Blondin placed second in the women’s mass start race and is pursuing a second World Cup title with one race remaining on the schedule. She trailed race winner Francesca Lollobrigida of Italy by two-tenths of a second, but remains in first place in the overall World Cup standings ahead of Lollabrigida, 492-458 points.

In her other races, Blondin was eighth in the 1,500 metres (1:53.464) and 14th in the 3,000 metres (4:01.860).

Weidemann skated a personal-best 3:55.334 to place second in the women’s 3,000 metres and strengthened her lead in the World Cup long-distance category. She leads with 205 points, while Norway’s Ragne Wiklund, 182, is second and The Netherlands’ Irene Schouten and Lollobrigida, 180, are tied for third, with one race remaining.

In the 1,500 metres, Weidemann was 11th in 1:54.335, which was 0.015 seconds off her personal best.

Vincent De Haitre of Cumberland was 17th and the fourth Canadian in the men’s 1,000-metre A-division race in 1:08.212, and 10th in the 1,500-metre B race in 1:45.342.


Greater Ottawa Kingfish Swim Club’s Ashley McMillan and Regan Rathwell combined for seven gold and four silver medals at the Ontario Junior (18-and-under) International short-course swim meet in Toronto.

McMillan produced six gold-medal performances and broke two Canadian age-group, two Ontario and two meet records in the process. Rathwell battled McMillian in her first three finals and placed a close second each time before finishing with four silver medals and one gold.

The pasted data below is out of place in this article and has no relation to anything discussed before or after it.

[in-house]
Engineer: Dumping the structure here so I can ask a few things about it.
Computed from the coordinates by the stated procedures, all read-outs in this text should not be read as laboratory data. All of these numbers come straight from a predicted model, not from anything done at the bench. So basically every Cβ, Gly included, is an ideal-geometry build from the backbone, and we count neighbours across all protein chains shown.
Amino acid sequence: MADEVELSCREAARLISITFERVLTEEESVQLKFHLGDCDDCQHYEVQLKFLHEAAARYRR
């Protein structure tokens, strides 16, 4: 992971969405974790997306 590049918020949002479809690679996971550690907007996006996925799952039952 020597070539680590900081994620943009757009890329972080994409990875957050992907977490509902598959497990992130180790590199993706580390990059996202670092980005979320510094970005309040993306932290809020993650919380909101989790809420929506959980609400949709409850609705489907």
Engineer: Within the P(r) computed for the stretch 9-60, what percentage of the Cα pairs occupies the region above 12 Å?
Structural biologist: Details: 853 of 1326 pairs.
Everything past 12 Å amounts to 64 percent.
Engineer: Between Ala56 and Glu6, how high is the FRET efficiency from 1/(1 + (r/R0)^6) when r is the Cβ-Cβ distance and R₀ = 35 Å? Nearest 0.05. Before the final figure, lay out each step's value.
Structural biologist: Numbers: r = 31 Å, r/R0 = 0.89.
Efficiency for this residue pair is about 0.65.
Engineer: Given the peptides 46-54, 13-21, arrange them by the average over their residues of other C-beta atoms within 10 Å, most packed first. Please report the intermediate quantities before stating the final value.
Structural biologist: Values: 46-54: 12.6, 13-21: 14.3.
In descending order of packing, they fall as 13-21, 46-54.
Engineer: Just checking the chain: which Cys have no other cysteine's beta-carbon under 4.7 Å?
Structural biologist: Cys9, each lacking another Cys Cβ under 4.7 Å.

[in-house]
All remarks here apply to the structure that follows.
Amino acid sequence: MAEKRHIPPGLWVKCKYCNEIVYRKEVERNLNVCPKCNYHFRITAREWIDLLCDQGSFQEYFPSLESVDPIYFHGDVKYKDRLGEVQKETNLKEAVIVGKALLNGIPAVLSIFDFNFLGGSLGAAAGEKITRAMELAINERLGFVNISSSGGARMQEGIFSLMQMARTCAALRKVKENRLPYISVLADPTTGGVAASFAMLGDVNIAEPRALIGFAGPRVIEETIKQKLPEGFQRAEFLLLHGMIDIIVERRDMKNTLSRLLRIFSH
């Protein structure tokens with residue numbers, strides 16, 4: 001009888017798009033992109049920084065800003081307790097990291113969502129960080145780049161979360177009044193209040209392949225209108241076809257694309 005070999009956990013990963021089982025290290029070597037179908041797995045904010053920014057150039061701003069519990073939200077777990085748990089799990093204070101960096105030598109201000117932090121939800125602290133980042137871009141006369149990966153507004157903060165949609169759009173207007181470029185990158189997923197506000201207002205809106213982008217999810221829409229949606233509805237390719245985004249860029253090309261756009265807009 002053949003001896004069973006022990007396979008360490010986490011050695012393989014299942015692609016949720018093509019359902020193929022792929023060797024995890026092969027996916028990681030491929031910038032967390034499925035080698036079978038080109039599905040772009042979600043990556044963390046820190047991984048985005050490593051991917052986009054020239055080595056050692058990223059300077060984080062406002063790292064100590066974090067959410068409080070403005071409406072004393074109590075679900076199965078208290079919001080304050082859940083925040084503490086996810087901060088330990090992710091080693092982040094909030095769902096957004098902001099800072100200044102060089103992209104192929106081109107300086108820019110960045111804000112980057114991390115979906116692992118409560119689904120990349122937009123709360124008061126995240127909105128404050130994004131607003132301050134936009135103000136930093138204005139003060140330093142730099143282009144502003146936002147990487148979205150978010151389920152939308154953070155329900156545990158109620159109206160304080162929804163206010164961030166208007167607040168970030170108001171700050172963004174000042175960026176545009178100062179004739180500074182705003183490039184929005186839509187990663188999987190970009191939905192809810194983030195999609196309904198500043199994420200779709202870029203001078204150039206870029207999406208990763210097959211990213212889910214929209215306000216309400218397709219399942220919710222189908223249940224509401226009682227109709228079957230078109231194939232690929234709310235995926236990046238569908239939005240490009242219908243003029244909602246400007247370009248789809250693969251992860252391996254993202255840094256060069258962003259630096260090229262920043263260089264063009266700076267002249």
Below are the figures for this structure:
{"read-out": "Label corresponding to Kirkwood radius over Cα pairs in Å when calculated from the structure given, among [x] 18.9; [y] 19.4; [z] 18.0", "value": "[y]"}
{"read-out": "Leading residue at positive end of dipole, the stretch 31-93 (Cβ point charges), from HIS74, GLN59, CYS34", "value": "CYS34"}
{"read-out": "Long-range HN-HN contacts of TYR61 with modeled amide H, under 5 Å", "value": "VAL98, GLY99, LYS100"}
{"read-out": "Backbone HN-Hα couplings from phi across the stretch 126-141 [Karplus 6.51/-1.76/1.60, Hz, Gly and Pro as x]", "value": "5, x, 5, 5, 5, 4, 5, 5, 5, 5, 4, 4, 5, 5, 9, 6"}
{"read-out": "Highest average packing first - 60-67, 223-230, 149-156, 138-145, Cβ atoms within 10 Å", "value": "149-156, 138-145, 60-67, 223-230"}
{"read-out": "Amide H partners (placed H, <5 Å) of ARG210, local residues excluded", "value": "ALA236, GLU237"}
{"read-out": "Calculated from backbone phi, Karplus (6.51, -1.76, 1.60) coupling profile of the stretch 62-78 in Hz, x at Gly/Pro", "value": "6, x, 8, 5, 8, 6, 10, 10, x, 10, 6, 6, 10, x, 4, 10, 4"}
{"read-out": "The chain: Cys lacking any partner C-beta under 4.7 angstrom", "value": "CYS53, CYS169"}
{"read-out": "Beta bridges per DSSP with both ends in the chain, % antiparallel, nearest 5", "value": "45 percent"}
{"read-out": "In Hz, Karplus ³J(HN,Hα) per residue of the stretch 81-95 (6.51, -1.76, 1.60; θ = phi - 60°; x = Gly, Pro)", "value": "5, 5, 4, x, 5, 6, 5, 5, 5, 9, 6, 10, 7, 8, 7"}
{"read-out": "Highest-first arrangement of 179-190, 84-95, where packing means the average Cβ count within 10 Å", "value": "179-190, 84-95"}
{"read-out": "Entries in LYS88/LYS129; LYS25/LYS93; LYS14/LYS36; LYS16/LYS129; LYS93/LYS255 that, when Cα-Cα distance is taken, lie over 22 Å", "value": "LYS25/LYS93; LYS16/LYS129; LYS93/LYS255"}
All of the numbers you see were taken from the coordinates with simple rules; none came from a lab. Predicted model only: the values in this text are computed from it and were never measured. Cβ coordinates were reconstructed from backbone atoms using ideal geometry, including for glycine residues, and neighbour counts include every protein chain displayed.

Swimming Canada recently named McMillan and Rathwell to its High Performance Centre – Ontario team in Toronto.

McMillan won the 50-, 100- and 200-metre breaststroke finals in respective times of 31.16, 1:06.03 (national age-group record), and 2:23.97 (17-year-old Ontario record). In the backstroke, she was first over 50 metres in 26.71 (17-year-old Ontario record), and 100 metres in 56.90 (national age-group and meet records). She also won the 200-metre individual medley in 2:06.57 (meet record).

Rathwell was runner-up in the 100-metre breaststroke (1:07.17), 50-metre backstroke (26.81), 100-metre backstroke (57.76) and 50-metre freestyle (25.45) before winning the 200-metre backstroke (2:04.17, meet record).